One letter said, I love America because we won the Cold War. We won the Cold War? Won? We didn’t win, the Soviets forfeited. Nobody won the Cold War, least of all the human race. Thousands died, and for what? We spent trillions, and for what? We laid waste to vast swathes of the Earth, and for what? We built weapons that could destroy the world a thousand times over and which we still live in fear of, and for that you’re proud? We could have had colonies on the moon and Mars by now, we could have been halfway to the nearest star, pushing the boundaries of the human spirit and ensuring the survival of the entire race. We could have fed the world forever, we could have ended hunger and poverty and disease and remade our planet into a paradise for all of mankind. These self-righteous sons of bitches who speak to me of my divine judgment – I wonder what their defense will be when asked why they could have changed the world, and didn’t.
No, I’m not proud that we “won” the Cold War.
But I’ll tell you what I am proud of, I’m proud that when the wall finally did come down, when the Soviet Union did finally crumble into dust, we extended the hand of friendship to our erstwhile enemies. Sixty years of hate and fear, of mistrust, of suspicion, won’t vanish overnight. But with every single day that passes we move further from the brink, and despite the hatemongers and the warhawks and the fearful pundits who would gleefully reignite the Cold War in all its mad insanity, one day friendship will be the only thing our children remember. I spent much of my life staring down the loaded gun barrels of Soviet battle cruisers, my son will fly free to the stars with Russian shipmates.
Universally, the letters spoke of American Exceptionalism. Well you got me there, I hate that word. Word, hell, exceptionalism isn’t even a word. America isn’t exceptional. Oh save your fake outrage. Espousing Exceptionalism isn’t patriotism, it isn’t love of country, it’s arrogance. It’s saying I’m better than you because I’m special and you’re not. Exceptionalism is what that spoiled rotten stupid jerk of kid up above uses as an excuse to act like an ass.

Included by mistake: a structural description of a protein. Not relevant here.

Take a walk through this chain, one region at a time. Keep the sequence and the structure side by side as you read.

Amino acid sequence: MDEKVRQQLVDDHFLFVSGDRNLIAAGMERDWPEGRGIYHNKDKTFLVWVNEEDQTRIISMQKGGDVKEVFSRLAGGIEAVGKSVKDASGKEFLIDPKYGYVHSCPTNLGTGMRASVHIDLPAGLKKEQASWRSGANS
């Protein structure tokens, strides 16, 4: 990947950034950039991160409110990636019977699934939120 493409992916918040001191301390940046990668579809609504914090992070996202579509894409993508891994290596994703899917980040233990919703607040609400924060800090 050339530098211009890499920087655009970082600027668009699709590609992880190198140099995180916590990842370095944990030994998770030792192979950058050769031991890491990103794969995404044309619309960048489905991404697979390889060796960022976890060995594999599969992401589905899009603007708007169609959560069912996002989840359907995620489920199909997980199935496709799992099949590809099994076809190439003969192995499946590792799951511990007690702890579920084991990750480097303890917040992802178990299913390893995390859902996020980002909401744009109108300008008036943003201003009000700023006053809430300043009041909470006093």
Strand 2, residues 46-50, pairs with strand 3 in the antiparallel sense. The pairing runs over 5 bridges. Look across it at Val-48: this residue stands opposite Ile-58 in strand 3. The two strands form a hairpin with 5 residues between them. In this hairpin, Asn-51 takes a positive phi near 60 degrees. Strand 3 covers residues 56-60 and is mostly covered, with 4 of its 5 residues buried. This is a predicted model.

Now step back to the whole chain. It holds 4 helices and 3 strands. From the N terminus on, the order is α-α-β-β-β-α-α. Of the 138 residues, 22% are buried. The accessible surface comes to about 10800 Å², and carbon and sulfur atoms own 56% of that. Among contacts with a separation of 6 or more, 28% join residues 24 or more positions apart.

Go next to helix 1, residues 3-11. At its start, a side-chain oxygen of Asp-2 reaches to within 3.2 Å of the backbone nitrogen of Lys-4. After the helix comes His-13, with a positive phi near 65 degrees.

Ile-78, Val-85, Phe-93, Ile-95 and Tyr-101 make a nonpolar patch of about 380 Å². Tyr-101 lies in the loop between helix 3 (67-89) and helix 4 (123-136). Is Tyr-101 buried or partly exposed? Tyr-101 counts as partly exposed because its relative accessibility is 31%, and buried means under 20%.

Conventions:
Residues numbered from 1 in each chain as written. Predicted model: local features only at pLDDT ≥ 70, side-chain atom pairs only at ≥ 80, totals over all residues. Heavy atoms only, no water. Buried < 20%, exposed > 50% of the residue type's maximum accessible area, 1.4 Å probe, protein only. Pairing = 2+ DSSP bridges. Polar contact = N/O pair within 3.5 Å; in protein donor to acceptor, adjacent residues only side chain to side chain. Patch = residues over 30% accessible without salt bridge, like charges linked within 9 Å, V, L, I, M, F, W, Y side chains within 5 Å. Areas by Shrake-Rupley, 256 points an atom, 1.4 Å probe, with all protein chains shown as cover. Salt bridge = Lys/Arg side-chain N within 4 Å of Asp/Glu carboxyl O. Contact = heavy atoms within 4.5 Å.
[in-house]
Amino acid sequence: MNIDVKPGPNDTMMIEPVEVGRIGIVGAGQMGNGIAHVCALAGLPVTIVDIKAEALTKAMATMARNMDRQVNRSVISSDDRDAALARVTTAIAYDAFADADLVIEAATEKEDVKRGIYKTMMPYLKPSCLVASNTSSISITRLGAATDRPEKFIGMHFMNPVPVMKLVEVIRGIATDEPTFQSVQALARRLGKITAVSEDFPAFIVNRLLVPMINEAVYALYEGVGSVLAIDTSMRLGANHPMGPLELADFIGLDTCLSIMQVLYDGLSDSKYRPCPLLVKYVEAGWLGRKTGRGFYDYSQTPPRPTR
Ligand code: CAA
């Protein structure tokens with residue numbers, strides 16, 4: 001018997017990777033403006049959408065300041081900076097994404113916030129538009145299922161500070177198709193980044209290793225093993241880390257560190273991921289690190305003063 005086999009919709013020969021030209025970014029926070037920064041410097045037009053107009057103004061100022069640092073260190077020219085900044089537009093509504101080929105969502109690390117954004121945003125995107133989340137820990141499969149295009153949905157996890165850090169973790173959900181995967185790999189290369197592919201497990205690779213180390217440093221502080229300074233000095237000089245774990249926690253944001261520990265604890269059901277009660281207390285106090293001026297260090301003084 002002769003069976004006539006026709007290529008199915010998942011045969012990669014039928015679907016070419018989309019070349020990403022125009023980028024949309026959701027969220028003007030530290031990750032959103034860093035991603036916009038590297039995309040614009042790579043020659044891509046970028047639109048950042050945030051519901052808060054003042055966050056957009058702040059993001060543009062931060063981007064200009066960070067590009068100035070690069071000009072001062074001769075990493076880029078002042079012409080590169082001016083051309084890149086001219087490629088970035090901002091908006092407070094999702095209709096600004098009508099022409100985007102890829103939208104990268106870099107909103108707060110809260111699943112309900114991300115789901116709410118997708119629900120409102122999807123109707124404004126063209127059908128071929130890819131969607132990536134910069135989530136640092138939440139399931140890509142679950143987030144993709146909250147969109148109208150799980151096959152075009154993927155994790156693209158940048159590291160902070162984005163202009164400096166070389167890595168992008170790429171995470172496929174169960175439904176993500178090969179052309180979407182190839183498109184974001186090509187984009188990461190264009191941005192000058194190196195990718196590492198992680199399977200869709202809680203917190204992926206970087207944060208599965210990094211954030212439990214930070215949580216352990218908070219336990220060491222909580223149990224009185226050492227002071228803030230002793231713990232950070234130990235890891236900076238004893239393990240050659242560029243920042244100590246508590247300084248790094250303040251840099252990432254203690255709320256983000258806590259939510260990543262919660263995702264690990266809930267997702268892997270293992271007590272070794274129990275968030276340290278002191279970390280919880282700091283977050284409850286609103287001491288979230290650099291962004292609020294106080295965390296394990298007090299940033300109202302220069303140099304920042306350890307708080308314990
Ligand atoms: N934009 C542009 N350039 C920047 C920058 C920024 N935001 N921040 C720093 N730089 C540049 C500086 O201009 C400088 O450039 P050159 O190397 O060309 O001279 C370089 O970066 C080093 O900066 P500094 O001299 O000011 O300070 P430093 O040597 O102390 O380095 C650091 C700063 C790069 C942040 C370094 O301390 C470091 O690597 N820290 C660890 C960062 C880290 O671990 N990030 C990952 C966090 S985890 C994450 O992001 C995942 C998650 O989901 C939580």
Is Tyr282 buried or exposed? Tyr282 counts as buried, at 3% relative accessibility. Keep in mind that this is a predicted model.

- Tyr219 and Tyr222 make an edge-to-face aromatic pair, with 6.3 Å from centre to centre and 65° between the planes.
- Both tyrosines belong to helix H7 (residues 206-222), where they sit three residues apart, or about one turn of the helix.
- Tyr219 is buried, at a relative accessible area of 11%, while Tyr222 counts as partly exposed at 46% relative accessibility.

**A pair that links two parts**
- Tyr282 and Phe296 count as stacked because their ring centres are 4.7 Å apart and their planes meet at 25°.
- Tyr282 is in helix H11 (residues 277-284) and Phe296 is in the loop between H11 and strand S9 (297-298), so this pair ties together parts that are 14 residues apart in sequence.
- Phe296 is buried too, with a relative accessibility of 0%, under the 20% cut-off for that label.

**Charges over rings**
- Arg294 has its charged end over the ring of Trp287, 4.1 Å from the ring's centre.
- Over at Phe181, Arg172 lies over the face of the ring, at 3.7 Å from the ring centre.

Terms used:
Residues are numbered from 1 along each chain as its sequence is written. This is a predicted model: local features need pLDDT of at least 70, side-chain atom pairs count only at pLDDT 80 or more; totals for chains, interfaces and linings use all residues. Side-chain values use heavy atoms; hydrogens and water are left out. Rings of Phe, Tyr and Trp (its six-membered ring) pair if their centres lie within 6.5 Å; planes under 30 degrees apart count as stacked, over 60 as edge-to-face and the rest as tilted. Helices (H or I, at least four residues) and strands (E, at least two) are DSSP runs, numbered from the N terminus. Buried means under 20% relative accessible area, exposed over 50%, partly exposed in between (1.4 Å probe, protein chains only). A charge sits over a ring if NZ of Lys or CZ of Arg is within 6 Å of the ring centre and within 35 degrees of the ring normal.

No, I don’t love American exceptionalism.
I’ll tell you what I do love though, I love that there was a time when America was exceptional. Back when America was founded it was a republic different from all that had gone before. A beacon of light and liberty the likes of which the world had never seen. That is no longer so. Not because we’ve lost something, but because other nations have become our equal – many through our help. Democracy, freedom, liberty, equality, justice, these are not finite resources, they exist in unlimited supply forged in the fire of the human spirit. You don’t get less freedom if someone else gets more, no, in fact for every person on this planet who becomes free, that finds life, liberty, and justice, all of us gain just that much more. I love that I live in a country that is one beacon among many. I love that I live in a nation that is no longer alone. To claim exceptionalism is to spit into the eye of all that we’ve accomplished.
There was more, people wrote to say they were proud of American’s mountains, its vast forests, its rivers and lakes and beaches. Why? They didn’t make those things. America isn’t a rock or a tree or a basin full of dirty water. A country isn’t land, a country is people. America is made up of Americans, black and brown, yellow and red and white. Gay and Straight. Young and old. Truck drivers and Prius owners. Cowboys and tofu eaters. Conservatives and Liberals. Democrats, Republicans, and yes even TEA Partiers. All of us, each and every one, we are America. There are those who deplore multiculturalism. Ha. Look around you. America is many cultures, many languages, many beliefs, many people. E Pluribus Enum, from many, one nation.
That’s America and I’m damned proud of her.
This generation, the one fighting for America right now, they understand that better than any other before them.
This generation of Americans, more than any other, is what I’m proud of.
They give me hope for our country and for the world, someday history will call them the Greatest Generation.
Now, tell me again why I hate America.